Keeping guns from dangerous people, restricting courthouse immigration arrests, and limiting "deepfake" election videos are just a few of the new laws that will change California in 2020.
Video Series: Council members explain what the Judicial Council does and why it exists.
As the Chief Justice prepares to address the Legislature on the 2019 State of the Judiciary, a look back at some key judicial branch milestones.
How the judicial branch kept courthouses open during a year of unprecedented challenges.
Hundreds of new laws went into effect Jan. 1, including many that will protect the public and improve access to justice for all Californians.
The Supreme Court of California will begin live webcasting of its early-May three-day oral argument calendar session in San Francisco, beginning May 3. The decision to webcast the court's oral argument calendar sessions was announced by Chief Justice Tani G. Cantil-Sakauye in her 2016 State of the Judiciary Address to a joint session of the California Legislature in March.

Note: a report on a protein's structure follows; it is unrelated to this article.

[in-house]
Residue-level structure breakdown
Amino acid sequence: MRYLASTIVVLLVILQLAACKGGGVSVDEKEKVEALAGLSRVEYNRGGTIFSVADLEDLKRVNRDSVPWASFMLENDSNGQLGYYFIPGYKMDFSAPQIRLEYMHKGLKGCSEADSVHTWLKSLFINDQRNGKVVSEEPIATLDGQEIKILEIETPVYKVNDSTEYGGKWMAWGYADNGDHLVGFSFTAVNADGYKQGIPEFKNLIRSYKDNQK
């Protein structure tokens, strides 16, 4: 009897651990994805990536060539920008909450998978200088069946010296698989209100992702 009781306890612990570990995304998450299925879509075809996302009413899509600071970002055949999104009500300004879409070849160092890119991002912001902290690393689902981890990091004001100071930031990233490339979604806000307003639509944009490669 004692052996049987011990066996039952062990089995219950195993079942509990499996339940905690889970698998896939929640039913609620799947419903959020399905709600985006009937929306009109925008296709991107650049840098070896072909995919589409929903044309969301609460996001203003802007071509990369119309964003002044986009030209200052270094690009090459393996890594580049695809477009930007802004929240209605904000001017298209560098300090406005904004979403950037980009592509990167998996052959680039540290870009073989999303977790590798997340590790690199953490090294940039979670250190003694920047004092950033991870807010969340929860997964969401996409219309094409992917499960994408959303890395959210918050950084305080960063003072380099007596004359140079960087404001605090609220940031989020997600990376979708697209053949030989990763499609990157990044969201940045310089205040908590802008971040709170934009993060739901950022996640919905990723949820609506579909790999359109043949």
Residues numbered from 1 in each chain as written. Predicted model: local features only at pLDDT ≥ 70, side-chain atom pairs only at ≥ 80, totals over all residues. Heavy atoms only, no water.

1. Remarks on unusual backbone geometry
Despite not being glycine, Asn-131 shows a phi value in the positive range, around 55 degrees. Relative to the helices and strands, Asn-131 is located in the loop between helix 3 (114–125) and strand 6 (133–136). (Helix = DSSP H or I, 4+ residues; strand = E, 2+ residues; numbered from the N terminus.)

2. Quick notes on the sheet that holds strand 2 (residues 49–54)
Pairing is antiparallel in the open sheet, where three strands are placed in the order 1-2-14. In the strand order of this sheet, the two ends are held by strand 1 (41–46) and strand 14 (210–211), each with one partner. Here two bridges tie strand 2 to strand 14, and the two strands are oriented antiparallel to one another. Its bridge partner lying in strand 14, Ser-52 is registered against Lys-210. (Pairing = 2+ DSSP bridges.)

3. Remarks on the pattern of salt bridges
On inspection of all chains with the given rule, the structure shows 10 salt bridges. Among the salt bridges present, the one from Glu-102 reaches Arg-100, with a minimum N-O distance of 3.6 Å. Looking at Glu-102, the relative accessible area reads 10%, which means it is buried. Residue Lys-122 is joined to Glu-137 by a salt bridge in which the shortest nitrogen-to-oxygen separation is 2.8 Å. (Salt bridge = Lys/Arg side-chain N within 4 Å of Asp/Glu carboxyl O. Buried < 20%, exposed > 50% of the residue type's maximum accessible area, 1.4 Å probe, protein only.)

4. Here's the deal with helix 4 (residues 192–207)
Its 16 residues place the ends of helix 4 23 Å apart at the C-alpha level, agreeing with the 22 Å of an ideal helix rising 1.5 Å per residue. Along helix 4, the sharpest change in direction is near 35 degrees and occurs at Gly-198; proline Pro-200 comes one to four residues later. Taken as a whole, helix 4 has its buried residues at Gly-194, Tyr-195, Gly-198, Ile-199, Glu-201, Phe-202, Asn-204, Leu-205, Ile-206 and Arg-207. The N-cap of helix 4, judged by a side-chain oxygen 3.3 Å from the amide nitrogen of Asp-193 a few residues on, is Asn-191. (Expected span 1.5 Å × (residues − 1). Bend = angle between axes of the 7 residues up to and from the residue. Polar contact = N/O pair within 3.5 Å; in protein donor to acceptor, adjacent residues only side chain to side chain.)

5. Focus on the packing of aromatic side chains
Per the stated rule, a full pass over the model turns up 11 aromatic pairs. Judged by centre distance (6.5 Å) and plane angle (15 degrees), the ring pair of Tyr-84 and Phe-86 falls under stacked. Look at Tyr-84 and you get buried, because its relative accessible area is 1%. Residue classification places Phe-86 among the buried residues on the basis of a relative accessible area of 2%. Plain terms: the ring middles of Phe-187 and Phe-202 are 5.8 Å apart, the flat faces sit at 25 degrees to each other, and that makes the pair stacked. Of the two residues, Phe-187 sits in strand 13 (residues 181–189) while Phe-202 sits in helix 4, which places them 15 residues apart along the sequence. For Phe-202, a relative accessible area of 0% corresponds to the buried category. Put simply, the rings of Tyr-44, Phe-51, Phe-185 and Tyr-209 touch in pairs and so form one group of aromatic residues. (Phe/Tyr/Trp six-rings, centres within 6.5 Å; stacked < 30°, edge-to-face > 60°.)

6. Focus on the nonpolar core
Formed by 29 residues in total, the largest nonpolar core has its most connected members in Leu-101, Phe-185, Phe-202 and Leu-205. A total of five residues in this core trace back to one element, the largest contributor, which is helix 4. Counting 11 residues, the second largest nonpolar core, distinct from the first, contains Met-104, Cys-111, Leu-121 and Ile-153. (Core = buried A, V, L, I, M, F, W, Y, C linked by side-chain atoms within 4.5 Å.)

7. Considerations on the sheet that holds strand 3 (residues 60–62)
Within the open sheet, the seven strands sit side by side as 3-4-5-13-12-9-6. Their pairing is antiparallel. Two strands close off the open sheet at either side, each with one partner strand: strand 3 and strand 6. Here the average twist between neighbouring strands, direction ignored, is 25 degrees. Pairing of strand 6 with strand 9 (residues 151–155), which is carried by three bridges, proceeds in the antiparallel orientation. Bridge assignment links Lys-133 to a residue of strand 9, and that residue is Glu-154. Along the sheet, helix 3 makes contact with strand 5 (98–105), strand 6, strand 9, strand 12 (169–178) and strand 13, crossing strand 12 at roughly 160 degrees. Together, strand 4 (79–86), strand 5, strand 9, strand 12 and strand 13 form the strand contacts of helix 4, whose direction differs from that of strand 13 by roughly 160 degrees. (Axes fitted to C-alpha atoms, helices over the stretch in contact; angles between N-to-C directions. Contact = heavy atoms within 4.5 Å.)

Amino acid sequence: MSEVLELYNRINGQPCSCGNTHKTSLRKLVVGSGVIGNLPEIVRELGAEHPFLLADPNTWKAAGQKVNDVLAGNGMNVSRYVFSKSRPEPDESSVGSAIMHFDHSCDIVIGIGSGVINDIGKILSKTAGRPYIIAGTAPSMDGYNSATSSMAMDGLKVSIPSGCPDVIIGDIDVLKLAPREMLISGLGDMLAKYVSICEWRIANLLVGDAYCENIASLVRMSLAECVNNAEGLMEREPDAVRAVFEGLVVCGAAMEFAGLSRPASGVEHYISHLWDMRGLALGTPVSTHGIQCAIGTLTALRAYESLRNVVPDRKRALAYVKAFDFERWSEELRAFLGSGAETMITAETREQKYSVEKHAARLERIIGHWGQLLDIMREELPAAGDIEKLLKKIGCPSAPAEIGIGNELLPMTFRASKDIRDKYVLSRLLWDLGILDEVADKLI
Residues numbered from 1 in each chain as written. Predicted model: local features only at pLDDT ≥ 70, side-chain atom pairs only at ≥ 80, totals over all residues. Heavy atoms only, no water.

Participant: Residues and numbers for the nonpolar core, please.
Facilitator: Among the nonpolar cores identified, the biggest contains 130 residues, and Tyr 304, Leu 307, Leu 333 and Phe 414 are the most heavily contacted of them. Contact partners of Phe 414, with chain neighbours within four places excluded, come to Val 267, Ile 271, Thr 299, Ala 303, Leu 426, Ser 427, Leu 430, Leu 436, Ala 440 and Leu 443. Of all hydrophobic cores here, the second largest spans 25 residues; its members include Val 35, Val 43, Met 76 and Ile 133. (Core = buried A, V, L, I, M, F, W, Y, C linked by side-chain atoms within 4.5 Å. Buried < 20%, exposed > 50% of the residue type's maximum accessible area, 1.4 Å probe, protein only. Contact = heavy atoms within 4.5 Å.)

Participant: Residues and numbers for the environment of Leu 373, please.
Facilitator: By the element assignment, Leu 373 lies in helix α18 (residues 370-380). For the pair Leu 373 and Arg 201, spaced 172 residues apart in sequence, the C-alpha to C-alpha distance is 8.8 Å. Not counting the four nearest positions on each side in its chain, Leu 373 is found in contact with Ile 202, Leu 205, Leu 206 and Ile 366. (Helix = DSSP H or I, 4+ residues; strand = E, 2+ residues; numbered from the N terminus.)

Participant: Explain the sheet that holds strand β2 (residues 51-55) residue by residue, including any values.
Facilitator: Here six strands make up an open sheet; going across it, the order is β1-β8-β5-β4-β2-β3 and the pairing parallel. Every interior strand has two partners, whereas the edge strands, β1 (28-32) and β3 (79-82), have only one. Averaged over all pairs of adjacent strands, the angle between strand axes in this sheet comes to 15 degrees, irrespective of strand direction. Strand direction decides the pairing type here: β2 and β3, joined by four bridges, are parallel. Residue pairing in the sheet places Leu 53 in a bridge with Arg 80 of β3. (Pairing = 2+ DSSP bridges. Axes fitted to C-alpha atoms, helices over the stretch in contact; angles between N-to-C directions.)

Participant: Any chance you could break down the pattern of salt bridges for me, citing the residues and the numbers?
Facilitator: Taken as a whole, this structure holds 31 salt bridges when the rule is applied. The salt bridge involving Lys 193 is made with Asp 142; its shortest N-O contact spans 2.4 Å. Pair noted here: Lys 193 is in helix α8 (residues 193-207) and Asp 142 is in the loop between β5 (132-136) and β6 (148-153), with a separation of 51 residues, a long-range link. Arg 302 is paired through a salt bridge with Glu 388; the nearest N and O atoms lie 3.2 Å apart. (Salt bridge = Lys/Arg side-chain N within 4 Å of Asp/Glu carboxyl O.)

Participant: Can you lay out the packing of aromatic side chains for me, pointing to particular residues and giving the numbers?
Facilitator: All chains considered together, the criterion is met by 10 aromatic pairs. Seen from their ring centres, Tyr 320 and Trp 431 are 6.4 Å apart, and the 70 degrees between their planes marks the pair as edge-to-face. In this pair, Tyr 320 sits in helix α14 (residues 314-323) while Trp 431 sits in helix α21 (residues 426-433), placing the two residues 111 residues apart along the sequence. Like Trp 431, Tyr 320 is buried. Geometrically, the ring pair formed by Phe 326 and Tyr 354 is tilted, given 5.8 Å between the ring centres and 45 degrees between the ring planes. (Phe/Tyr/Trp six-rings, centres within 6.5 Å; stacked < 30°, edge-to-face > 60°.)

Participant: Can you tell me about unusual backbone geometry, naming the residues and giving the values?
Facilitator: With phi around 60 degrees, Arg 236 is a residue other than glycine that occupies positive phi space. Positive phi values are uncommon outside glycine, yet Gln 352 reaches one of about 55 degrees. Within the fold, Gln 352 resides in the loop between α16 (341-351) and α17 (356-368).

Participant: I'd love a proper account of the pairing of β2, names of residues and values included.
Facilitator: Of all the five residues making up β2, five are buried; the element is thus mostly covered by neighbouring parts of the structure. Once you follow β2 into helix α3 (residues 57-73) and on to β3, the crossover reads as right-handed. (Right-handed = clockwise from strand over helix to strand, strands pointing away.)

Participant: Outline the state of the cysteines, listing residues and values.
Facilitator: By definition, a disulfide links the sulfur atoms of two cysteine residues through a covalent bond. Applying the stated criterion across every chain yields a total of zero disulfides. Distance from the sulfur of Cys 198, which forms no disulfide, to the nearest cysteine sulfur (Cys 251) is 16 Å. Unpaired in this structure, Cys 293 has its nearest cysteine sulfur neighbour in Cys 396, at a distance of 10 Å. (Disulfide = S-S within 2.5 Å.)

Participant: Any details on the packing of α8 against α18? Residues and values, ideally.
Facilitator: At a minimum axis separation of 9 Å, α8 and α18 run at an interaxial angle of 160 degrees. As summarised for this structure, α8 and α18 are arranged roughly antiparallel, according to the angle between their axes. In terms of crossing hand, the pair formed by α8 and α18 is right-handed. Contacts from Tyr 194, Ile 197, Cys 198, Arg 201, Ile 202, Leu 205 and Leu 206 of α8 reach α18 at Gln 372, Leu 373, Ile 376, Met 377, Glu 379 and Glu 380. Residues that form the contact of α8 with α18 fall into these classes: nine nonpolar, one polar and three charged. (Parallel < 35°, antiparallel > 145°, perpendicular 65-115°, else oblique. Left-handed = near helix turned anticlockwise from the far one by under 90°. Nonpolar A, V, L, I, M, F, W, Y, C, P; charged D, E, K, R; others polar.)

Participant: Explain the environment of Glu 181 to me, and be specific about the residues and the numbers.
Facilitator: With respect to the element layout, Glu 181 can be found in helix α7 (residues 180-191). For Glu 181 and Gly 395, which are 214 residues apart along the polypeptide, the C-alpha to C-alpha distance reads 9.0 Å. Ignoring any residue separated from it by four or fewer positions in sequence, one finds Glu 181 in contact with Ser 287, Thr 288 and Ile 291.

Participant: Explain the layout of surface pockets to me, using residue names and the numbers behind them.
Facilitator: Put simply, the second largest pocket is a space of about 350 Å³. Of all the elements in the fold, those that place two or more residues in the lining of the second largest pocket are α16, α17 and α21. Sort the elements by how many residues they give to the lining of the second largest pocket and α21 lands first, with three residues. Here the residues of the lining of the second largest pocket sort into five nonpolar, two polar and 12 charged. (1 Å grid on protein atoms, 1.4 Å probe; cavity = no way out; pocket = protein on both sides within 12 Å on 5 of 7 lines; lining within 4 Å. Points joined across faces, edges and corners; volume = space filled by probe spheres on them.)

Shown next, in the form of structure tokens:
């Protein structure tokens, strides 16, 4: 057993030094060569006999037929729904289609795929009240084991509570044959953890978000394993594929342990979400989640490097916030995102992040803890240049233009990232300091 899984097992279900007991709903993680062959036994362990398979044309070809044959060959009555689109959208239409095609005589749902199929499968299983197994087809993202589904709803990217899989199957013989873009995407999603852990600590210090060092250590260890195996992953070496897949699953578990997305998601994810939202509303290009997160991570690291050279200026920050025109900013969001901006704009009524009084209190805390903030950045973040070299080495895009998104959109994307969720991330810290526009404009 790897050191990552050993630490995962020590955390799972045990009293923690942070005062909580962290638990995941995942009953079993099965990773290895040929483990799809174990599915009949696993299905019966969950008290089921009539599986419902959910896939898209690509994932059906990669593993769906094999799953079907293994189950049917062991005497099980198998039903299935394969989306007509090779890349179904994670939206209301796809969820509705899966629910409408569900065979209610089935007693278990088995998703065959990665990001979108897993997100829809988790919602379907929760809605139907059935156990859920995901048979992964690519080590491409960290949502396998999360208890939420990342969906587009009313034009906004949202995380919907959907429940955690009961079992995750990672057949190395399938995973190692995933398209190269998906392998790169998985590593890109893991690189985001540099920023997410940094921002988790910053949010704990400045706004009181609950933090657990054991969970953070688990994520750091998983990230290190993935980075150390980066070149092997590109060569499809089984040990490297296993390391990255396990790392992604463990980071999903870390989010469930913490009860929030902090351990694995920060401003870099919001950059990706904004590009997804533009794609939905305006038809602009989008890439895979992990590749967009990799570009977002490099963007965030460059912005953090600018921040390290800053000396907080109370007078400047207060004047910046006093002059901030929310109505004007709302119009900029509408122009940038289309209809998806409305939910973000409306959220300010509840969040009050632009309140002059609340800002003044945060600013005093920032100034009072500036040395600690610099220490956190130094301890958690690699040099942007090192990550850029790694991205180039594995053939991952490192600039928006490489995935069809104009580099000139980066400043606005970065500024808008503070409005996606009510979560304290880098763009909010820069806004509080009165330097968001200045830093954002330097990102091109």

Chief Justice Tani G. Cantil-Sakauye this week called for the creation of a Judicial Council Budget Committee to review recommendations on statewide budget changes, the use of statewide reserves, and proposals for grant funding for judicial branch ...
The Judicial Council has revised rules of court and forms to help implement a statute that expands the use of expedited jury trials in California, effective July 1.
The Commission on the Future of California's Courts has sent an interim report to Chief Justice Tani G. Cantil-Sakauye proposing a method to reallocate vacant judgeships to courts with the greatest workload needs.
Hundreds of children awaiting adoption got their day in court and their forever families during the month of November.
In the wake of wildfires that devastated parts of California’s Wine Country last October, nearly 100 civil lawsuits were filed against Pacific Gas and Electric Co. alleging the utility had a role in sparking the blaze. The answer to this influx was civil case coordination.
Facing growing numbers of civil and family law litigants representing themselves, courts are expanding services offered through “self-help” centers.